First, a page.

Two Types of Bugs

Two Types of Bugs

June 27, 2008 | Development, Preferred Practice, Scrum

A bug is a bug is a bug, right? Not so!

Most development shops treat a bug as a task. That seems reasonable – it’s a bit of work that needs to be done. Unfortunately, it’s not so easy. If a bug is discovered in a feature that is currently under development, and it will be fixed in the current Sprint (iteration), then the bug can and should be treated as a task. It would be considered a new Sprint Backlog Item that must be closed before the feature can be considered “Done”. However, if the bug is not fixed before the feature is considered “Done” (yes this really happens), or the bug is discovered after the feature has be deemed “Done”, then the bug becomes a bit of work to be scheduled into a future Sprint. In other words, the bug should be treated as a Product Backlog Item.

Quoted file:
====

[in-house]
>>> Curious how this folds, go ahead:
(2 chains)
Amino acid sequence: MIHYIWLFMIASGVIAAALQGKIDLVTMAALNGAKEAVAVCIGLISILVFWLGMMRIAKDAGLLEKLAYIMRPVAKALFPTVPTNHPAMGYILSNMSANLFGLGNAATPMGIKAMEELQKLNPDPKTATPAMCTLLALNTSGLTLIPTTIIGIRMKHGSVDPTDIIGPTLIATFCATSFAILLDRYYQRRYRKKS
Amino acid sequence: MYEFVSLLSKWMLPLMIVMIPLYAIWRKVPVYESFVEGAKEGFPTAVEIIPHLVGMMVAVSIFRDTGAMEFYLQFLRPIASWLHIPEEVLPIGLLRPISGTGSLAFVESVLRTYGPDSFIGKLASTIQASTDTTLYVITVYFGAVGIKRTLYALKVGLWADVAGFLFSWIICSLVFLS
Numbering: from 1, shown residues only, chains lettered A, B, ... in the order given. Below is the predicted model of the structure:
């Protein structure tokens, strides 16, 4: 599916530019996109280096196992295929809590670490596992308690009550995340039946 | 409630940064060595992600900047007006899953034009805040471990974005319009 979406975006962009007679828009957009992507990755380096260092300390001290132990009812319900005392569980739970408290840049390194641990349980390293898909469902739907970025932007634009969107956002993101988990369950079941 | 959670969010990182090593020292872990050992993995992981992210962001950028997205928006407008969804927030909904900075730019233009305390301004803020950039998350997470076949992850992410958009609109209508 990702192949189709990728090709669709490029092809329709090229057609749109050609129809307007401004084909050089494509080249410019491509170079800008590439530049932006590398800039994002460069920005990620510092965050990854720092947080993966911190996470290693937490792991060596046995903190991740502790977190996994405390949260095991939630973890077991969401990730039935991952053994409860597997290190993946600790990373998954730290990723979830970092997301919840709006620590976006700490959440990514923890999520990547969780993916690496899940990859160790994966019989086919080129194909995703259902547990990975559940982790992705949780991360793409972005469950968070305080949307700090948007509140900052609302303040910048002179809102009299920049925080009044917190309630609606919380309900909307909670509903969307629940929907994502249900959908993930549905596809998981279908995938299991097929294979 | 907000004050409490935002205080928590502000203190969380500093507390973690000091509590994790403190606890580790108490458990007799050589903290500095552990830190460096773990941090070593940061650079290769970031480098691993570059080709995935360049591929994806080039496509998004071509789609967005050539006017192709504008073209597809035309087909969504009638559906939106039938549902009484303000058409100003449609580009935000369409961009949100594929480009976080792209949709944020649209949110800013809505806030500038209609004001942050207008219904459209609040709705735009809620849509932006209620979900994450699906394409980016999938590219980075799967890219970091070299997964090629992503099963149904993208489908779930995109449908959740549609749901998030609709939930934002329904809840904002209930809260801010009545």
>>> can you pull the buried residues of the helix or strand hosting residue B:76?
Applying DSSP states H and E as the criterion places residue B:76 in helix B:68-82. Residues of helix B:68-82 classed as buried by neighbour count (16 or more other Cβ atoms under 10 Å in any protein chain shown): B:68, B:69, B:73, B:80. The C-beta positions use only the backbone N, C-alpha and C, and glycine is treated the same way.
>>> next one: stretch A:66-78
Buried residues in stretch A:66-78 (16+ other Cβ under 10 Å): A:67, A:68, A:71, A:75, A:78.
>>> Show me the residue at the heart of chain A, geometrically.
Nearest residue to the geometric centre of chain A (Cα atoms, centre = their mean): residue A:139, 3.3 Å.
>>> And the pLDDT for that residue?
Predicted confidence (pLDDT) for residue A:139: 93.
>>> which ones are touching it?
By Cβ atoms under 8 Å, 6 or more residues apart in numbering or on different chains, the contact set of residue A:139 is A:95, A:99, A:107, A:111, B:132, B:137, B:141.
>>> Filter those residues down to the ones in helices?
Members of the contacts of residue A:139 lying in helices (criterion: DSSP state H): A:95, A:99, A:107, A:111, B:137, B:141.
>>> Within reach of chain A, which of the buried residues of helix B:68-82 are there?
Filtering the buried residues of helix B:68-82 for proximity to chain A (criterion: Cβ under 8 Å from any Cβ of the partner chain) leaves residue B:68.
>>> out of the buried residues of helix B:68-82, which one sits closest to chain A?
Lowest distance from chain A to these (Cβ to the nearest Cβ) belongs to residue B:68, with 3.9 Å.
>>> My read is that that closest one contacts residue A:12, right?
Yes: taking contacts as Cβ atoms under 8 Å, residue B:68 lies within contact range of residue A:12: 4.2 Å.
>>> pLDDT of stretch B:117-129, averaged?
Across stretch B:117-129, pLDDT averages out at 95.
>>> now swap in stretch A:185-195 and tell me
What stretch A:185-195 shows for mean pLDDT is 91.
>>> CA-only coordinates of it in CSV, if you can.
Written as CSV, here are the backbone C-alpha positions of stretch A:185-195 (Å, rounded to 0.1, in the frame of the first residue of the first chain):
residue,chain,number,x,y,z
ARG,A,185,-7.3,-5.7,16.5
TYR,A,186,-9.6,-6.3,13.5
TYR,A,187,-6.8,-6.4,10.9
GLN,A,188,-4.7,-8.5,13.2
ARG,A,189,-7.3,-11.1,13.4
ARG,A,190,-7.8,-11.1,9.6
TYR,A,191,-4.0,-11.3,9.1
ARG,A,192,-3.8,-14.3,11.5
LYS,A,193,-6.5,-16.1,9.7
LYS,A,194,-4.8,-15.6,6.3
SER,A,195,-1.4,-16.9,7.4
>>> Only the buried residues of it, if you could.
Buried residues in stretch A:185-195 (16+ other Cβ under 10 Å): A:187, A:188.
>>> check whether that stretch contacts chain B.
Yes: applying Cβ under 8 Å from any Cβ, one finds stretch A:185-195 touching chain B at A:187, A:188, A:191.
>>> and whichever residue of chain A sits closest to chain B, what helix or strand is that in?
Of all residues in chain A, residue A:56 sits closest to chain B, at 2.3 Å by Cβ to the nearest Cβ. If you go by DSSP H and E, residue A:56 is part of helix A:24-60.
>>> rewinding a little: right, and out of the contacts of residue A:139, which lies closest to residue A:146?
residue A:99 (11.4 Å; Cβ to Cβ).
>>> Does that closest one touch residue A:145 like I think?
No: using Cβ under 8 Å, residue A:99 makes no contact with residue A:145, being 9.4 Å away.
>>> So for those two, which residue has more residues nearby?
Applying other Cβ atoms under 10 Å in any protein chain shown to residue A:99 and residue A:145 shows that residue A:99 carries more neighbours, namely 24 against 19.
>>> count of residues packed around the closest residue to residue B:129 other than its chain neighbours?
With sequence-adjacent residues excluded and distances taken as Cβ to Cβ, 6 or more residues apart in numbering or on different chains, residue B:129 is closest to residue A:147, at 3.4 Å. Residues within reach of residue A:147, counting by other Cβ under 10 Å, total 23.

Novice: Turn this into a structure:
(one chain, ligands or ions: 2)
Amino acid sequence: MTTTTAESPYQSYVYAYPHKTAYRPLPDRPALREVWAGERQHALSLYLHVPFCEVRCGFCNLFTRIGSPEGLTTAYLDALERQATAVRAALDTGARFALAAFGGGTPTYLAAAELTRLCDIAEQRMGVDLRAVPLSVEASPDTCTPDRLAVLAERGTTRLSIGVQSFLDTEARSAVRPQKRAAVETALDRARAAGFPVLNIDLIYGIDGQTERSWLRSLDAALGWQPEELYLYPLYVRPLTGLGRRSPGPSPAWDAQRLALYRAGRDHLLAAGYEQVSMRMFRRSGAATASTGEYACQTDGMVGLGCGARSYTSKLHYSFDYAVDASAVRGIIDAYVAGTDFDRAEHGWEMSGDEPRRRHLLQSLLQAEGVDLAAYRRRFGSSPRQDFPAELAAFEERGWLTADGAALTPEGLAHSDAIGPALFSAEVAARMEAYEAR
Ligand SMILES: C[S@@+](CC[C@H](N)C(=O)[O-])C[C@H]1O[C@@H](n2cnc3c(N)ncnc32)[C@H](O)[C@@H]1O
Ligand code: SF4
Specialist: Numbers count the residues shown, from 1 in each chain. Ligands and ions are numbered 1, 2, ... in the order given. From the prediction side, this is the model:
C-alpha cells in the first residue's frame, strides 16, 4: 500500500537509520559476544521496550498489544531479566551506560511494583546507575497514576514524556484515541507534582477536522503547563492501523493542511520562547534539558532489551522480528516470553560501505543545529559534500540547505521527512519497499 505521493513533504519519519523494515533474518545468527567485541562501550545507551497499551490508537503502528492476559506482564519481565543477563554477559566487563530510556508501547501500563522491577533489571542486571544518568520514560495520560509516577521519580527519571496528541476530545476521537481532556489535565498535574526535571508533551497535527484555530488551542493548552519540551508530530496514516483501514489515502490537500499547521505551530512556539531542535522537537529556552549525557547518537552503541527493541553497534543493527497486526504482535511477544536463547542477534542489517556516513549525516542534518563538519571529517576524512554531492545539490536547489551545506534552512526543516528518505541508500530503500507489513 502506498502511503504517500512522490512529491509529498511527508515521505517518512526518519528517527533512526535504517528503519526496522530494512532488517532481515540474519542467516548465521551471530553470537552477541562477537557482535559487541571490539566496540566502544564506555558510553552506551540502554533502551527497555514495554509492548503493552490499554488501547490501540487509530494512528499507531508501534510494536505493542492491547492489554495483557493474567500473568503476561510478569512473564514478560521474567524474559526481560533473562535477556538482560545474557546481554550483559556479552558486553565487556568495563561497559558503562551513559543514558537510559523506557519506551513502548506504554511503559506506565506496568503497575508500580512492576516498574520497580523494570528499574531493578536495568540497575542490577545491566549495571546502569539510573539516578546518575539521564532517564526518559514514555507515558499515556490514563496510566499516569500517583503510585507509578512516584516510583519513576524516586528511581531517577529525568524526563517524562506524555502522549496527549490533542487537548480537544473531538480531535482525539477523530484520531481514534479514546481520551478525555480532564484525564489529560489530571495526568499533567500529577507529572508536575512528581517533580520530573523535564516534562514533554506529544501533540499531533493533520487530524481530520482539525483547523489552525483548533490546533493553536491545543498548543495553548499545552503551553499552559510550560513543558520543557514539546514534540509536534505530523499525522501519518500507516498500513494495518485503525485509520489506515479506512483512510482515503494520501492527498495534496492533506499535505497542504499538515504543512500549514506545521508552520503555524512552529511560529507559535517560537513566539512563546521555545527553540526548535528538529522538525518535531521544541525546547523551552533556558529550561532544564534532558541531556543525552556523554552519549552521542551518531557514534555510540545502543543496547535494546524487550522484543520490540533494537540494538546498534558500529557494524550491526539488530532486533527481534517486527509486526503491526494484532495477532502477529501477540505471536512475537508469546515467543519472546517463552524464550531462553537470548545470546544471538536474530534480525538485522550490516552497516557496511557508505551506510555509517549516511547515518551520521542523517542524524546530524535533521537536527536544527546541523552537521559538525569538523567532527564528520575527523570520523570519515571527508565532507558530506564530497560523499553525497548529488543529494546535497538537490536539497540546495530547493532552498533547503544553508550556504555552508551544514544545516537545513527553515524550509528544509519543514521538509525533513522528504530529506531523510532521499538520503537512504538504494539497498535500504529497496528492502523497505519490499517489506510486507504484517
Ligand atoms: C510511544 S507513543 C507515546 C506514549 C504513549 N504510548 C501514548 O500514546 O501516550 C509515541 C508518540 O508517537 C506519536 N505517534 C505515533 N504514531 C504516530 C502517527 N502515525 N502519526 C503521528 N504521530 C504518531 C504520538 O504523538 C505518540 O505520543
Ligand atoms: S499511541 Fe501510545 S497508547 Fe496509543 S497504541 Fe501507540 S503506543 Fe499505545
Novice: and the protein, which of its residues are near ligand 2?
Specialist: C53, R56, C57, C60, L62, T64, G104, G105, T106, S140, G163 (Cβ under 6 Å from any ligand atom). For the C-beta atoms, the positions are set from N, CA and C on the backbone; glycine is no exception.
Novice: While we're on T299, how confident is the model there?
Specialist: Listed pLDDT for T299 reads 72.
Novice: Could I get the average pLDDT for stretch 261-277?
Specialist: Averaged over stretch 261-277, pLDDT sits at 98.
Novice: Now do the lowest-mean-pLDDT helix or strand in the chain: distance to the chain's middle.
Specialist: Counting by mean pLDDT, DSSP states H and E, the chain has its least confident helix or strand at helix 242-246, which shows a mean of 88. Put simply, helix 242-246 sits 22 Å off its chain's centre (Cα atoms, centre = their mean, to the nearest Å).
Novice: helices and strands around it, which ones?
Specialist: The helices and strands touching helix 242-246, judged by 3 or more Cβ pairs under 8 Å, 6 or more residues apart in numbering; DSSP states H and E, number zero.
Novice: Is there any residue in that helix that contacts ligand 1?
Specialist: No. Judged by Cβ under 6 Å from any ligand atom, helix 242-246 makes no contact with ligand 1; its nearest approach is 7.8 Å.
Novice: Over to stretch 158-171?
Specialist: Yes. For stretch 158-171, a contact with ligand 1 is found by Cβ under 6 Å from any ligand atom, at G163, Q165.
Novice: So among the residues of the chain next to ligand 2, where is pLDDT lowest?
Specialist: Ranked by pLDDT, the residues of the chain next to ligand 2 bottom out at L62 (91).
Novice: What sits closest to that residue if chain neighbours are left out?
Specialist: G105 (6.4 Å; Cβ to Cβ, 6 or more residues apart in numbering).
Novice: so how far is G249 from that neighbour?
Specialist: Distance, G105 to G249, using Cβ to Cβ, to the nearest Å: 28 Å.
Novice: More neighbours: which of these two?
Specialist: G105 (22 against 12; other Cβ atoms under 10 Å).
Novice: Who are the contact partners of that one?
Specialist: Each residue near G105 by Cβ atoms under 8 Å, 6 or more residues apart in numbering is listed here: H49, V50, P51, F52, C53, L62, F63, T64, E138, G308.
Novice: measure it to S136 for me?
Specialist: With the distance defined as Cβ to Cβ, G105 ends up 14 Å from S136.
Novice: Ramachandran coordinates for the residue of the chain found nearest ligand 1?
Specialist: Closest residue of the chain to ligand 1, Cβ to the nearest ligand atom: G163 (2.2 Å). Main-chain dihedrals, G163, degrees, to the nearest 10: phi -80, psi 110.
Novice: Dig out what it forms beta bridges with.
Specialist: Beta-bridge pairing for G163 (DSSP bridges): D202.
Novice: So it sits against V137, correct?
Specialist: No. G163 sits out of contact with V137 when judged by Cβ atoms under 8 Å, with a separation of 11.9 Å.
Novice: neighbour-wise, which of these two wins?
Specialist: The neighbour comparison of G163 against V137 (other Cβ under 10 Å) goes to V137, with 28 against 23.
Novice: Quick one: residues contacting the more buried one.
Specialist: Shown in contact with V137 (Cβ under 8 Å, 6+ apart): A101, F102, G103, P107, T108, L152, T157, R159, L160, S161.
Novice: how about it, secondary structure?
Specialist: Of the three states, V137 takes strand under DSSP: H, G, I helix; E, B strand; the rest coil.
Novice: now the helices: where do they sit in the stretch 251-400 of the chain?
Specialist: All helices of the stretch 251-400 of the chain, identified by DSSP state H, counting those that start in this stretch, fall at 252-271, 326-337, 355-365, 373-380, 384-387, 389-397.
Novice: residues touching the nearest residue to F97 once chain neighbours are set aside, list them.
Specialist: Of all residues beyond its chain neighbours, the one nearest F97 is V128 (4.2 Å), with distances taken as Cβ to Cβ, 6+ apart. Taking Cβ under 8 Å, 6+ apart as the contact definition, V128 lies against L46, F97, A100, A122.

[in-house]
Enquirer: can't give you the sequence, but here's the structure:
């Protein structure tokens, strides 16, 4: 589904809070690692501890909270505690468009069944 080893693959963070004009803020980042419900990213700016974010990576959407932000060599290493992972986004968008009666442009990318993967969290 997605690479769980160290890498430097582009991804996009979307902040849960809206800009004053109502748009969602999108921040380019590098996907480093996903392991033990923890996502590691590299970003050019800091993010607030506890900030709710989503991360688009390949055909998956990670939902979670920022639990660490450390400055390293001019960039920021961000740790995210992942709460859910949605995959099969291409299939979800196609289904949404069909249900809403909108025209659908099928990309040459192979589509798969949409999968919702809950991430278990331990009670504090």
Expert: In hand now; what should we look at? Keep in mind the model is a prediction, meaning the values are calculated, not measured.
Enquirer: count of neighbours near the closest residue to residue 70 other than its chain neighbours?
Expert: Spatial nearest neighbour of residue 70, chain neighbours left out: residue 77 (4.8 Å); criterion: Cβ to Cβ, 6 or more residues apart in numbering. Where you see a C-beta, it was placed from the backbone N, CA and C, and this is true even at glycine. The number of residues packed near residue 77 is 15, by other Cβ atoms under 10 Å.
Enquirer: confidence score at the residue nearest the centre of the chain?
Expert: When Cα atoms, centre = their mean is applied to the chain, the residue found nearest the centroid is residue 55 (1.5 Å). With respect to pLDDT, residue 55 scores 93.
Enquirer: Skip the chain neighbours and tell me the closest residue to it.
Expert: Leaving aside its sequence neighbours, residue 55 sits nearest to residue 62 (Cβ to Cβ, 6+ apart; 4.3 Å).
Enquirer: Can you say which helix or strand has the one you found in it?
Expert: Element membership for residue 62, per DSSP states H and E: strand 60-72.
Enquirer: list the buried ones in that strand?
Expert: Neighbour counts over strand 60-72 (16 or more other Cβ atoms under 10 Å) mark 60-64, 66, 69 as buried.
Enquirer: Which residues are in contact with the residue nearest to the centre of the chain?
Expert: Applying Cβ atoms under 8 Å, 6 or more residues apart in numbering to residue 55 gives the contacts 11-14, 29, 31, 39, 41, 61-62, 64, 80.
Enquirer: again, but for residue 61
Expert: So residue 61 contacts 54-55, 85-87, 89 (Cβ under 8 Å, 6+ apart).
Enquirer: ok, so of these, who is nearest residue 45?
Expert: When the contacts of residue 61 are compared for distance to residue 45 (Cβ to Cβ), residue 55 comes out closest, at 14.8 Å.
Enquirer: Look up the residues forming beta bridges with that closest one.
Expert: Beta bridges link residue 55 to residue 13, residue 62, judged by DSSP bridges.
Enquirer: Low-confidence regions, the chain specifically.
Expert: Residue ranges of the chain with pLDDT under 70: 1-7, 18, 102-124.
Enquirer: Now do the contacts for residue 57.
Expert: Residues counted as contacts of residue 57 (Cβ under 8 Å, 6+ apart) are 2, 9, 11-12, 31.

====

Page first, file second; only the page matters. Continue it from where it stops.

The rule of thumb is rather easy really. If the bug is going to be fixed in the current iteration, then treat it as a task. If not, then the bug needs to go on the product backlog and be prioritized right along with all the other Product Backlog Items.

Of course, this raises the question: What does “Done” mean exactly? Many dev teams grapple with this deceptively simple question. I’ll explore this question in a future post.